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The Contested Corners of Asia: Subnational Conflict and International Development Assistance


By Thomas Parks, Nat Colletta, Ben Oppenheim, Patrick Barron, Erman Rahman, Kharisma Nugroho, Adam Burke, Pauline Tweedie, Ora-orn Poocharoen, Fermin Adriano

Subnational conflict is the most widespread, enduring, and deadly form of conflict in Asia. Over the past 20 years (1992-2012), there have been 26 subnational conflicts in South and Southeast Asia, affecting half of the countries in this region. Concerned about foreign interference, national governments limit external access to conflict areas by journalists, diplomats, and personnel from international development agencies and non-governmental organizations. As a result, many subnational conflict areas are poorly understood by outsiders and easily overshadowed by larger geopolitical issues, bilateral relations, and national development challenges. The interactions between conflict, politics, and aid in subnational conflict areas are a critical blind spot for aid programs. This study was conducted to help improve how development agencies address subnational conflicts.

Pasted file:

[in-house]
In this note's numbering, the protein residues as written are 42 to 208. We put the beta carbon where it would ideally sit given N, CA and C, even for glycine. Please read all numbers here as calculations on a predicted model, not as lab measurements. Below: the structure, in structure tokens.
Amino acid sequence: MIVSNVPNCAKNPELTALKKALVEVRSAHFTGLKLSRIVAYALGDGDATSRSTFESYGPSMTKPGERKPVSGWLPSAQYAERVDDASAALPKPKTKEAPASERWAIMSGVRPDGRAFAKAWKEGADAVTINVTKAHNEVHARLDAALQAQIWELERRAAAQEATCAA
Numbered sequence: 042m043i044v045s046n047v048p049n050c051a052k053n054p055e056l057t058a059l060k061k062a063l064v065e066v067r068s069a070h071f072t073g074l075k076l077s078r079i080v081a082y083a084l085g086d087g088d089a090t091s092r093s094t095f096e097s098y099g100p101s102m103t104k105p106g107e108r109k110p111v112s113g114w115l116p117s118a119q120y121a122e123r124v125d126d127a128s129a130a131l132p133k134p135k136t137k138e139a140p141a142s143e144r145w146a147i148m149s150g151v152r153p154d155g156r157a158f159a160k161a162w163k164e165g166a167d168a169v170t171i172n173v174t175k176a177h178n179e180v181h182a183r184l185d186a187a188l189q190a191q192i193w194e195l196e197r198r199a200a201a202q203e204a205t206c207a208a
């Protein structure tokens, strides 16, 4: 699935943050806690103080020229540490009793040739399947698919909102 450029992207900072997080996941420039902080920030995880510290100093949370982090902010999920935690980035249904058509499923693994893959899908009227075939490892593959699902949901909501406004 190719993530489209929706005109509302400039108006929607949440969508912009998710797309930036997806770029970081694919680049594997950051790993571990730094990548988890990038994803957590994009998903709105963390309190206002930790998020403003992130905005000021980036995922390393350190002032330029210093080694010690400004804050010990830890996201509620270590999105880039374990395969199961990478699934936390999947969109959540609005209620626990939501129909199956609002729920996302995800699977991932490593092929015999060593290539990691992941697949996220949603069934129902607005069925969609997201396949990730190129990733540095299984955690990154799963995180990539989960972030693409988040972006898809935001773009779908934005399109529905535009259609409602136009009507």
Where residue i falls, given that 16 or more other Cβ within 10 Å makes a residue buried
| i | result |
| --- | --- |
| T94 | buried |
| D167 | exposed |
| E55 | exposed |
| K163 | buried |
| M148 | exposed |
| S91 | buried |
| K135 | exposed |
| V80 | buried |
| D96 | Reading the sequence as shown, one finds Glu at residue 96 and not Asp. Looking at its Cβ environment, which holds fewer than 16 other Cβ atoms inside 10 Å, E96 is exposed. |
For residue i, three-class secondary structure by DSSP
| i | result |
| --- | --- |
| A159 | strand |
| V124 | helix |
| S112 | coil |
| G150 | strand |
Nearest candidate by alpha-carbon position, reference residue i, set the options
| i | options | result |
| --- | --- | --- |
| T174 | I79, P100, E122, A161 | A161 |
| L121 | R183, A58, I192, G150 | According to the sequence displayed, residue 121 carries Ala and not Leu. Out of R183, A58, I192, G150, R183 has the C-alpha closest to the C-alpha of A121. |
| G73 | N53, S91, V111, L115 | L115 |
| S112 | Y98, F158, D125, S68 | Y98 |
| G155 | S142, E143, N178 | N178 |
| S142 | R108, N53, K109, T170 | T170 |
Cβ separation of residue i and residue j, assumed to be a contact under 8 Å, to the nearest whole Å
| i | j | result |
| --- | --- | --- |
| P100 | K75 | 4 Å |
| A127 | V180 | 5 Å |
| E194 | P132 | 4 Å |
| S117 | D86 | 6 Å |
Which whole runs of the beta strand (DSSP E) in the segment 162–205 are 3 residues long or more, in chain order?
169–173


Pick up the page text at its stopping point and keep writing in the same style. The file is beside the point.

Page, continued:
Additional findings from this study:

Posted October 7, 2013
Related locations: Indonesia, Philippines, Thailand
Related programs: Conflict and Fragile Conditions
Related topics: Subnational Conflict